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Cellular Webcam Revision 3

I have made another revision to my ongoing cellular webcam project to include some improvements and lessons learned from revisions 1 and 2. In addition to attempting to reduce costs a bit.

Cost reductions mostly came from finding equivalent parts from other manufacturers that were priced lower. There were also a small bit of savings from some omissions of things I tested in version 2, but found to not add a lot of value.

The most visible and significant change being the addition of an IR illuminator, and IR capable camera, so illuminated images at night are possible, which will be interesting as I’ve seen weather changing significantly or large snow accumulations occur overnight when previous revisions could not see.

Now a finished revision 3 system has been placed, and I look forward to seeing the results and how well it performs over this winter.

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Rockets 2020

Well, the global pandemic precluded the usual trip down south for rocketry in the spring, but as the year went on and classes at the university started figuring out their plans for getting things done safely. Finally here in the fall a smaller group made a quick day trip to eastern Washington.

I finally decided after all these years helping out, that I would finally get my NAR L1 certification, so I picked up a kit and assembled it for a basic cert flight.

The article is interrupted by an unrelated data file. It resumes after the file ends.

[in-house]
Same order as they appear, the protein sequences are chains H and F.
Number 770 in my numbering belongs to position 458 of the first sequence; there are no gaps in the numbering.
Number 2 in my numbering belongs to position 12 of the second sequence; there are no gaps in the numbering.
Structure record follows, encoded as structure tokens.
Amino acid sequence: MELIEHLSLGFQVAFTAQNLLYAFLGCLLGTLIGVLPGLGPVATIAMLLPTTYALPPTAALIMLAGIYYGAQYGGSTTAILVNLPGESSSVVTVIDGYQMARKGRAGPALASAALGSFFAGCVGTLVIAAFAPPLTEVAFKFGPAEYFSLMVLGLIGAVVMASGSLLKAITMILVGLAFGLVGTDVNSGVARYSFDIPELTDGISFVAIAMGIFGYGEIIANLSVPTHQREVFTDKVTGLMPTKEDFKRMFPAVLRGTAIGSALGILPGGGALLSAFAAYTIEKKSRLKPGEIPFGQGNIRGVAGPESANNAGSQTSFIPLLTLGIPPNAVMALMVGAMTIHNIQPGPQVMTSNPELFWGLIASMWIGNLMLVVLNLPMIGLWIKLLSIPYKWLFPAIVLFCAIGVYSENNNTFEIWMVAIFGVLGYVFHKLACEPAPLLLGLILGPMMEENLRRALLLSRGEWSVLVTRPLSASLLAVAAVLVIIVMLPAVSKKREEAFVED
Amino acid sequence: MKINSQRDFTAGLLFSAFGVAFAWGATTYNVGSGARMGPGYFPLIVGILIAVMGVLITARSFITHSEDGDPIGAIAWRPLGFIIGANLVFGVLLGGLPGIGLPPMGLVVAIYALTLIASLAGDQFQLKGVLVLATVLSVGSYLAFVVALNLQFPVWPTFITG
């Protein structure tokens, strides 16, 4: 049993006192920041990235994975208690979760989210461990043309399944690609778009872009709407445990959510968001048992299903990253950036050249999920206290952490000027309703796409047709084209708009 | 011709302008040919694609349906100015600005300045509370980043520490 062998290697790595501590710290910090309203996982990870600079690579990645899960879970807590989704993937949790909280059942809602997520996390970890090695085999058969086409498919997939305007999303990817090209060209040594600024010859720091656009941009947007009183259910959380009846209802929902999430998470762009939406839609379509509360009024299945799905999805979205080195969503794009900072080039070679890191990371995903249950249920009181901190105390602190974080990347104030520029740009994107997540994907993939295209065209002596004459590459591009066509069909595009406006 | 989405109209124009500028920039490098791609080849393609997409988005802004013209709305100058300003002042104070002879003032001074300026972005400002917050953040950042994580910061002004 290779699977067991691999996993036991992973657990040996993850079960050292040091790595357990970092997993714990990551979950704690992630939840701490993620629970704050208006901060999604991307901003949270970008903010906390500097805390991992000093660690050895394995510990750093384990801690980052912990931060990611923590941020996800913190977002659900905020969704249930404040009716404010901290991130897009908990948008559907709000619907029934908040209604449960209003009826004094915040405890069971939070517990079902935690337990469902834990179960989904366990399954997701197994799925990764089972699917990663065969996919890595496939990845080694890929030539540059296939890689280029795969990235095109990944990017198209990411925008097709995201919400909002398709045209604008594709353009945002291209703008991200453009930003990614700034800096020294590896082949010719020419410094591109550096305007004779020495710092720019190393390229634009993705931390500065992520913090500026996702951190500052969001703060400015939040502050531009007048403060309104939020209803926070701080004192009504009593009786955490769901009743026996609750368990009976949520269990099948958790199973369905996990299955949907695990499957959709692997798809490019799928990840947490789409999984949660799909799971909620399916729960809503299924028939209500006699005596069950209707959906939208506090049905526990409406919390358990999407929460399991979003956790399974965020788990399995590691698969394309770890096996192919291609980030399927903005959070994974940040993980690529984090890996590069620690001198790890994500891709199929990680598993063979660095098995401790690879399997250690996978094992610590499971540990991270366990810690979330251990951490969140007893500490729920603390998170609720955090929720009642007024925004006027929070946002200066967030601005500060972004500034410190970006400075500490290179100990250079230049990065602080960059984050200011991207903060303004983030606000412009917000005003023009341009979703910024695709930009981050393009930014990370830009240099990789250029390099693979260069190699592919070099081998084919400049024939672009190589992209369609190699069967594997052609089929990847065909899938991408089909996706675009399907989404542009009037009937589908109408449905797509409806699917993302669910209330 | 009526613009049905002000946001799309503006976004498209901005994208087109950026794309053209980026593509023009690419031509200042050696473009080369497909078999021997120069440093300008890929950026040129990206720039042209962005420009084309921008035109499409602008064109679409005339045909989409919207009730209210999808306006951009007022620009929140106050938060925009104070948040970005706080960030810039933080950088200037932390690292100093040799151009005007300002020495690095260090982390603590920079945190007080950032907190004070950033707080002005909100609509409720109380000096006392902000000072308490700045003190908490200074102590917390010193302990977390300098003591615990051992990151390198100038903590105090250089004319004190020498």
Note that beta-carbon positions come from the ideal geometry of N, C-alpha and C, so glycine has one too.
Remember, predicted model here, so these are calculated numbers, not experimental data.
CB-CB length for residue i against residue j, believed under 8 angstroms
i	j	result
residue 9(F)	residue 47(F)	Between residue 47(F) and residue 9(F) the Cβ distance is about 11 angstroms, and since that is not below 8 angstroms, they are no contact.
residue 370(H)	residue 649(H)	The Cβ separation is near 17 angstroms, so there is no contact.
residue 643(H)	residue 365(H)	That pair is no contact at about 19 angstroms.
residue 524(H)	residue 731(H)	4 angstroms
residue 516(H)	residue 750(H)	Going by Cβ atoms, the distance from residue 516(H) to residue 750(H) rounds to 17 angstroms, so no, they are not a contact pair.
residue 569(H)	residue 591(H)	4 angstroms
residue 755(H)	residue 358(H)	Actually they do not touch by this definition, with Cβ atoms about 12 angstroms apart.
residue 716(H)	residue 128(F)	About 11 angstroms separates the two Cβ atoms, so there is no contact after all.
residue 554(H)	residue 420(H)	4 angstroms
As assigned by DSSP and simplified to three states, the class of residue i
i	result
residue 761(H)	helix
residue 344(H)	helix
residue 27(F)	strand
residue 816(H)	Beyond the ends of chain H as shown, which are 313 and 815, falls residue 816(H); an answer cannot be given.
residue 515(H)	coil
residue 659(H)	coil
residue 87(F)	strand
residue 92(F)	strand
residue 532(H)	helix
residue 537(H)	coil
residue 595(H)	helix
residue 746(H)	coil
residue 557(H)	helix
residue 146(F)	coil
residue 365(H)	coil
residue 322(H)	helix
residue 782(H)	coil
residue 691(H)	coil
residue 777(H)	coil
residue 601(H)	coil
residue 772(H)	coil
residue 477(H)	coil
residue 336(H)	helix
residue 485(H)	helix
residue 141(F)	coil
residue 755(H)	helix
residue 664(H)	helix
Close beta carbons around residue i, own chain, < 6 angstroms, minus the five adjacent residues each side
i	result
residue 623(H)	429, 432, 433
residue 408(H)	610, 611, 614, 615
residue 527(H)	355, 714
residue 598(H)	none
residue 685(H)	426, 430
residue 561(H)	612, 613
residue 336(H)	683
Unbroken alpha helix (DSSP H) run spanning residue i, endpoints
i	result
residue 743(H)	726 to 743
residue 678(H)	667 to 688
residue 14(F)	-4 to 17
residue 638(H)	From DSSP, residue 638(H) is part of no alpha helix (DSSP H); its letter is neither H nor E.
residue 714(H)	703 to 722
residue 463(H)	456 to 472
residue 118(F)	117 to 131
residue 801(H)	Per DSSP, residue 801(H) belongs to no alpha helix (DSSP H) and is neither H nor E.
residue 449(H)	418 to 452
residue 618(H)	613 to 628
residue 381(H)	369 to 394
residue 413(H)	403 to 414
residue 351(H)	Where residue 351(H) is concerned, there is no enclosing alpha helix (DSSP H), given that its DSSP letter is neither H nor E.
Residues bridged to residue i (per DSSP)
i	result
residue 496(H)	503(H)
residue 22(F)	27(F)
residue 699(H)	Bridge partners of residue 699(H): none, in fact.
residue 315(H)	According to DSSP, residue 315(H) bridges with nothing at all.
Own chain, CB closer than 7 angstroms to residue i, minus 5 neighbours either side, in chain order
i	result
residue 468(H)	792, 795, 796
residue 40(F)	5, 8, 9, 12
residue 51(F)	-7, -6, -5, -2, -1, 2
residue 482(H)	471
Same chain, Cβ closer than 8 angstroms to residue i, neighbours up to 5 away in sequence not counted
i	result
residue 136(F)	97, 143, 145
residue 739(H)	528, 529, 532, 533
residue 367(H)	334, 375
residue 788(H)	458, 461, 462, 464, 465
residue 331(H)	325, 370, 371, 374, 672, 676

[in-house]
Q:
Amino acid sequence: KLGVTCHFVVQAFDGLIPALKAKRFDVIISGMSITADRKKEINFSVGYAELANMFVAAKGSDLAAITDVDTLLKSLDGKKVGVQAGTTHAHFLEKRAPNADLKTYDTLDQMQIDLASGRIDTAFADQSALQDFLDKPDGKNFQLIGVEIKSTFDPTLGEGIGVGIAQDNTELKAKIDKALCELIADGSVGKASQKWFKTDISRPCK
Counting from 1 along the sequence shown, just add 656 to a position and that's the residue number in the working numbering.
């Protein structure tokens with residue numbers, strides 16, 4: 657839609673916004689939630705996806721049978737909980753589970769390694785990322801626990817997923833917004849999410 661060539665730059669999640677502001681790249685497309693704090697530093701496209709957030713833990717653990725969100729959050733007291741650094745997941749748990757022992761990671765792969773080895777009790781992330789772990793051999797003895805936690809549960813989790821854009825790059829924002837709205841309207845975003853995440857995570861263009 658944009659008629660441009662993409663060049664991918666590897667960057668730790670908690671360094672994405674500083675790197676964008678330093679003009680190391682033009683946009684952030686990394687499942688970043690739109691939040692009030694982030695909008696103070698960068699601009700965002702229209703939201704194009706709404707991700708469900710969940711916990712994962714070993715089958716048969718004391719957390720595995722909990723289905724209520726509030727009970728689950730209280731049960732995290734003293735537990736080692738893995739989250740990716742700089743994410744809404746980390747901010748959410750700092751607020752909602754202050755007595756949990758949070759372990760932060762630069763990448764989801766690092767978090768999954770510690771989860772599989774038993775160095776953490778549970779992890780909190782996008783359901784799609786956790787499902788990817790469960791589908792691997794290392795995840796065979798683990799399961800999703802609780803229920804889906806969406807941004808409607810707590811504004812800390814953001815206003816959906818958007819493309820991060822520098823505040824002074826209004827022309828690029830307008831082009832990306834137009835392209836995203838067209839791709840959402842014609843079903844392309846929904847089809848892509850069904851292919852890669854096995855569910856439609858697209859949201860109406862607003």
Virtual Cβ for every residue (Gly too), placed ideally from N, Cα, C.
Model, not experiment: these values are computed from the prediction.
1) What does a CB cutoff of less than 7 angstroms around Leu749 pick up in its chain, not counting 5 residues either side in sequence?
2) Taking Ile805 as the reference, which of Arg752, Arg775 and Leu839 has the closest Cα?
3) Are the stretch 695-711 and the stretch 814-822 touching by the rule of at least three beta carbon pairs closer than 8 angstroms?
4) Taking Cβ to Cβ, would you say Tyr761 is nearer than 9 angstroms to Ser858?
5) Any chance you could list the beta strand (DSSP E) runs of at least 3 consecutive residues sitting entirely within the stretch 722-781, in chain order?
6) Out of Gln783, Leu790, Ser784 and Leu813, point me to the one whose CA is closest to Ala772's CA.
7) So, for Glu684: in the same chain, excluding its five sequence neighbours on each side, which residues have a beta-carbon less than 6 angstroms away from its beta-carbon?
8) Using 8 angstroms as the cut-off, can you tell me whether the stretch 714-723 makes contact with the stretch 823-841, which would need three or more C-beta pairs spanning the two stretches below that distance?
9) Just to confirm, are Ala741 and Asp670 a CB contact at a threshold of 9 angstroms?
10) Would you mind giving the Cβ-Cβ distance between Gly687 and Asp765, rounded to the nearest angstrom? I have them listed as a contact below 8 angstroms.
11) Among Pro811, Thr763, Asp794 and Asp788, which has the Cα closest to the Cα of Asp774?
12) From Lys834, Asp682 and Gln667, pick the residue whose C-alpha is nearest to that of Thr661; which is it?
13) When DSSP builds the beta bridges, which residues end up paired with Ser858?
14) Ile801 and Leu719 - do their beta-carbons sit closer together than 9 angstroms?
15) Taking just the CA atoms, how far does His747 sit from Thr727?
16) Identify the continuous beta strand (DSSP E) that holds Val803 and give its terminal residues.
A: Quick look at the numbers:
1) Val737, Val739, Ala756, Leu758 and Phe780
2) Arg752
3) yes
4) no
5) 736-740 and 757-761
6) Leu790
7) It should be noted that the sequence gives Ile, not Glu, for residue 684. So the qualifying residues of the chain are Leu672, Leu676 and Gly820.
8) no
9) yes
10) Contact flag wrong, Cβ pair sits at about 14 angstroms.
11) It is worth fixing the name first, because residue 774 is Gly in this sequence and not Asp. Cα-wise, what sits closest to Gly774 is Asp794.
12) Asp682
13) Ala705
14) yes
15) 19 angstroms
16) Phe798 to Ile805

I also took it as an opportunity to put together a new custom flight board, this revision mostly for testing and gathering data, not actually controlling any chutes.

The first flight for my L1 cert was successful, and was recovered.

At that point, I had the telemetry data from the flight board from the first flight, and had achieved a good cert flight, so I put a bit peppier motor in for a second flight.

Unfortunately, a larger chute and a breeze carried it far enough that I was unable to recover it. I left a note with the local club, and maybe one of the local farmers will find it and turn it in. Otherwise it served the purpose, and I don’t feel too bad about losing it.

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Homebrew Datacenter OOB & Stratum 1

I have a rack of gear down at a datacenter down in California, where I’ve got a single internet connection. It’s quite reliable and performs well, but I wanted a backup means to reach my equipment in the case of an outage, or in the potential case of a router misconfig that breaks external connectivity.

I had an extra 1U rackmount case from the PoE PDU project, and with the LTE modems I’ve been using for the Cellular Webcams, it seemed very reasonable to put something together and have an inexpensive Out of Band connection to my remote installation.

At the same time, I had plenty of room in the case for another Raspberry Pi, and another person who has gear in the same facility noted that *some* GPS signal was available inside, though perhaps not great, so I searched for a reasonably high gain GPS antenna, and decided to add a NTP Stratum 1 time server as well.

I designed a couple of very basic custom PCBs, one to combine the two power supplies to provide redundancy, and the GPS board for the Stratum 1 Pi. Added a basic character LCD I had laying around in the junk pile to provide visible status.